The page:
Magical Mystery Show at the Windjammer 

A review of the Hed Shop Boys and company

Magical Mystery Show
The Windjammer
Nov. 20

It was the Hed Shop Boys (with a little help from their friends) at the helm for the Magical Mystery Show tribute to The Beatles. Singer and rhythm guitarist Frank Royster guided his bandmates and a rotation of guests through two sets and four dozen vintage hits from Meet the Beatles to Let It Be before the night's end.

Billed as Sgt. Submarine, the core for most of the night included Royster, bassist Jay Volpe, lead guitarist Bryn Wilson, and drummer Tommy Capo. They welcomed guitarist Jason Brewer and keyboardist Trey Cooper of The Explorers Club on stage for a later-than-expected start time. Singer Dustin Fanning (of 351 Cleveland) stuck around for the second set, too.

It took a few songs for the home-grown supergroup to really warm up. Early renditions of "I Saw Her Standing There," "Drive My Car," and "I Want to Hold Your Hand" were nicely executed, but they seemed sluggish and a little uninspired. Enlivened by strong harmonies from Volpe on "Eight Days a Week" and "Nowhere Man," the set gained momentum and spirit.

Royster and his crew obviously put considerable effort into preparing arrangements and vocal parts. It sounded like a fun labor of love.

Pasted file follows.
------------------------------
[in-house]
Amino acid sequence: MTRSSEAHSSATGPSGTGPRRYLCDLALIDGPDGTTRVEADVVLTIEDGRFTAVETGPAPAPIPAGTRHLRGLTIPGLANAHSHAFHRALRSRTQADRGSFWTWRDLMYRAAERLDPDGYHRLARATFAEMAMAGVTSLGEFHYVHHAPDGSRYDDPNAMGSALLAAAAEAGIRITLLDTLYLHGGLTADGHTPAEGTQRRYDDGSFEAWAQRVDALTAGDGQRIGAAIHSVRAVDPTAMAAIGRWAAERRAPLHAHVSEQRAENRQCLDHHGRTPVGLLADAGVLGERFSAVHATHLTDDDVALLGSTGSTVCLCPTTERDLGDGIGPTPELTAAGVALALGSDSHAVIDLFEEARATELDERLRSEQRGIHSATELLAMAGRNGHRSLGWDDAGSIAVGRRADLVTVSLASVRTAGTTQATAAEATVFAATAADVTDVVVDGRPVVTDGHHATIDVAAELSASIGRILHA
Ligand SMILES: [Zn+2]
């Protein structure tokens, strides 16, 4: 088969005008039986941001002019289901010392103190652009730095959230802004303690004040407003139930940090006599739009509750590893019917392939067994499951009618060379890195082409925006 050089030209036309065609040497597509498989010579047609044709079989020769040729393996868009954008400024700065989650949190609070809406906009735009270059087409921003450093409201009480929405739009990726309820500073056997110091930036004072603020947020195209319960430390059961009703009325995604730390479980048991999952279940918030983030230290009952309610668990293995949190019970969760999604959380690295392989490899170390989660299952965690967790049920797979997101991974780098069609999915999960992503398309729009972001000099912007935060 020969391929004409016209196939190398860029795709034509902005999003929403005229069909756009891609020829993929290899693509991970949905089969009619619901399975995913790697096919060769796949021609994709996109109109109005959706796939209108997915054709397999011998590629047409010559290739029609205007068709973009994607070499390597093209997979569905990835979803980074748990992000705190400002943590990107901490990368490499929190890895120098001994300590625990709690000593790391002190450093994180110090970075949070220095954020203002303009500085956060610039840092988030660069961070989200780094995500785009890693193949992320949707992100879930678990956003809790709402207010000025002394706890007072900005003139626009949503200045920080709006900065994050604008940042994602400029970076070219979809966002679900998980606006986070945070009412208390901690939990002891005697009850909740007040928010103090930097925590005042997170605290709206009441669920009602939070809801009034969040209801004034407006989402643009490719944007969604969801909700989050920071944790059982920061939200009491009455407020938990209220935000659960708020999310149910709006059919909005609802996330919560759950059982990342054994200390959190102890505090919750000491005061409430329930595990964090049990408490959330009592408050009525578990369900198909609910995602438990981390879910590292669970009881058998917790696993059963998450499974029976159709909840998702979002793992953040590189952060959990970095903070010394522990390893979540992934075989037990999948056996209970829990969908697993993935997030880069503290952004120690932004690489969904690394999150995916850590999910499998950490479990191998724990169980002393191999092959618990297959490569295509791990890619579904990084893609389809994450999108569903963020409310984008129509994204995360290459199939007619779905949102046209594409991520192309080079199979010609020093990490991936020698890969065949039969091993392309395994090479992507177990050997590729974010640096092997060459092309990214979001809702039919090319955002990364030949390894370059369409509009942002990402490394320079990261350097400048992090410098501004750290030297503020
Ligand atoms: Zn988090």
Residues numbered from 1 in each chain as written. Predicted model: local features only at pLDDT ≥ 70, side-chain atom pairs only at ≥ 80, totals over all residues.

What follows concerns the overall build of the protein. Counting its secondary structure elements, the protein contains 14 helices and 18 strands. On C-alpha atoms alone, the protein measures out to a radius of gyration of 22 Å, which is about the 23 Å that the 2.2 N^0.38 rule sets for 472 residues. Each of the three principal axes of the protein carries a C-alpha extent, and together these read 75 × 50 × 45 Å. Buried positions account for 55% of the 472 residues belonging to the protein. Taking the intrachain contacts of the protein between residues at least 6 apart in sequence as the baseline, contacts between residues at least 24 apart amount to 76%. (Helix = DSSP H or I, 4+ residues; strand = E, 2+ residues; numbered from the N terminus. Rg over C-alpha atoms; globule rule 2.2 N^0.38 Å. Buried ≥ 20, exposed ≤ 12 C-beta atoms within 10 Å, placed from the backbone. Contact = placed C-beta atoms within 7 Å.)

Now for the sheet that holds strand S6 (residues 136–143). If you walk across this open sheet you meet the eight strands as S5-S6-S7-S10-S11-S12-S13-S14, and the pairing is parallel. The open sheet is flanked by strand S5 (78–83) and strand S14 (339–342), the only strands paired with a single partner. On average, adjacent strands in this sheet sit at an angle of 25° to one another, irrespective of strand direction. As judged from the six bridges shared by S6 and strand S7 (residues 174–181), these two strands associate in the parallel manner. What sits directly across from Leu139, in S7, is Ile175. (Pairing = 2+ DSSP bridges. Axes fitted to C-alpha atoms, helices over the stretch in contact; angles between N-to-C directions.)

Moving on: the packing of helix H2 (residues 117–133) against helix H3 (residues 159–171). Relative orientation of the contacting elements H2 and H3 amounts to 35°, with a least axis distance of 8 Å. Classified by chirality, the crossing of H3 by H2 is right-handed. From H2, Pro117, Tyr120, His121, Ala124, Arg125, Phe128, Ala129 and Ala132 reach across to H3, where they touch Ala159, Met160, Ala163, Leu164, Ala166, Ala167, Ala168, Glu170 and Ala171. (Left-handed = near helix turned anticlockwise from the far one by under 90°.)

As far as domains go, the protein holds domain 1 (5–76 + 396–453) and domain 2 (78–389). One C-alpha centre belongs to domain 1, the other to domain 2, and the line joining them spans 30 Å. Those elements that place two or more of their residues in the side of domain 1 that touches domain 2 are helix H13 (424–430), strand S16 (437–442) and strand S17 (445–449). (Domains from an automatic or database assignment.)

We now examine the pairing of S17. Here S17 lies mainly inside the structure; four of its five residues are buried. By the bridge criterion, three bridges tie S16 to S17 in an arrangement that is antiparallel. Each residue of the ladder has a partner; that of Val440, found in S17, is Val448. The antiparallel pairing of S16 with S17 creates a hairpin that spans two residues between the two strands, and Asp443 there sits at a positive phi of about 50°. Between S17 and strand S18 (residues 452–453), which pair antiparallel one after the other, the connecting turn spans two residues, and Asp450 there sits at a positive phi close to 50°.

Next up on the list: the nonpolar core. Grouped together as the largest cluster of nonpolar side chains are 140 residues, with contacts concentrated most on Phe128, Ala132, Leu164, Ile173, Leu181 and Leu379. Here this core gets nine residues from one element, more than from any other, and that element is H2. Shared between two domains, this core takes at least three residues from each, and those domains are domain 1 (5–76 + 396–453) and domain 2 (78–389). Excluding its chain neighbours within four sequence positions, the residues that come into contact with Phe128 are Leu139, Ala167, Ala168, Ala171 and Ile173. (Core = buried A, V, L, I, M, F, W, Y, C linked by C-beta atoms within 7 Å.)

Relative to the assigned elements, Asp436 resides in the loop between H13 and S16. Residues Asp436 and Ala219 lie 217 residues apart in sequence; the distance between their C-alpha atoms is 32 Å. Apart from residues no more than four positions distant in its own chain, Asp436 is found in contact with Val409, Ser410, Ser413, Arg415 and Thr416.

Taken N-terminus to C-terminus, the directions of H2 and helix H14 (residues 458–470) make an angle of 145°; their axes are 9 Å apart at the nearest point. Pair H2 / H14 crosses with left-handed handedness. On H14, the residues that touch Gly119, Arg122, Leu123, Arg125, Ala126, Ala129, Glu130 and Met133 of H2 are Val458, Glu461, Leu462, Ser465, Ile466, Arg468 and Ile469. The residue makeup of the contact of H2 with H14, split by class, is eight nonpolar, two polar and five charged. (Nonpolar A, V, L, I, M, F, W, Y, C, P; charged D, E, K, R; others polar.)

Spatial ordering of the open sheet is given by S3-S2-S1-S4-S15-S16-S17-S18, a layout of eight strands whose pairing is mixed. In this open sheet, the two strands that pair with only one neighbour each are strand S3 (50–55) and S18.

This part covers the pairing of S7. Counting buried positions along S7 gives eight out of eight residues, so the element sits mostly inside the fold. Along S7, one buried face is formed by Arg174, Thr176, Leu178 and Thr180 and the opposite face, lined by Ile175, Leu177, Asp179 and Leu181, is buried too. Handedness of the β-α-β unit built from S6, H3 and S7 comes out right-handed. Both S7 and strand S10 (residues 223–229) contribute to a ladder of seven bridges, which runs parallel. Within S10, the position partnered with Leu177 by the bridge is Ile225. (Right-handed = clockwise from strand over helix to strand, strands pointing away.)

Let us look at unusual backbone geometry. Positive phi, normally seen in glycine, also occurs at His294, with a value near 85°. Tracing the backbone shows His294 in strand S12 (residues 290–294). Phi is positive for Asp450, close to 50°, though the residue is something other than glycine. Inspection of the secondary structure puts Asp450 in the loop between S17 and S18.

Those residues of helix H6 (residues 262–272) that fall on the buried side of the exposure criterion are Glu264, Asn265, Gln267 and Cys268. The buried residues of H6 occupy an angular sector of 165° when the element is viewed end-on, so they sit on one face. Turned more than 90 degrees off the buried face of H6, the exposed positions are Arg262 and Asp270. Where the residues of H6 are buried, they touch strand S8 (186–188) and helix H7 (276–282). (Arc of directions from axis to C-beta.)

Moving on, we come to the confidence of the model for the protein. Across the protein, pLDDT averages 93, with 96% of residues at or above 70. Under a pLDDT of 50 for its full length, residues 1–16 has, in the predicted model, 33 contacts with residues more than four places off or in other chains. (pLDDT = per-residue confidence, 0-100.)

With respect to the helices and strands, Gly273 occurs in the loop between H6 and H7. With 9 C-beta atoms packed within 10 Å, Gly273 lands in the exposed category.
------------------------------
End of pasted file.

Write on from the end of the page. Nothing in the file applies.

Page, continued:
The intermission featured an electronic mini-set of synth-based renditions from local act Tex!. Mastermind Paolo Licciardi strolled the stage and crooned along with his pre-recorded reworkings of deep Beatles cuts, including "You're Gonna Lose That Girl," "Devil In Her Heart," and "Mr. Moonlight." His closing number "P.S. I Love You" brought the house down. Licciardi relieved Capo of drum duty afterwards.

Little effort was spent on trying to emulate the visual style of The Beatles, aside from Volpe's Hofner-shaped bass guitar. Capo's vintage Ludwig five-piece drum kit — silver-colored, oversized, and with an upside-down bass drum head that said "The Pleasures" — looked like something the drummers from Foghat or Nazareth would have played in 1976 rather than the Ringo-style Ludwigs with the black oyster pearl drum finish (maybe a Foghat/Nazareth tribute is in the works, too).

Looks aside, the band's technique was right-on for such an endeavor. They had the right feel for the music, and rocked with enthusiastic and authentic respect and adoration.

Tex! from Charleston City Paper on Vimeo.


Comments

Subscribe to this thread:

Add a comment

Classified Listings
  • Lidl
    I have already shopped in Lidl store goose creek sc. three times. I find the… -tim wernicke
  • Black Bean Co.
    I am typically not one to complain or write a bad review but I felt… -Morgan P.

Powered by Foundation   © Copyright 2017, Charleston City Paper   RSS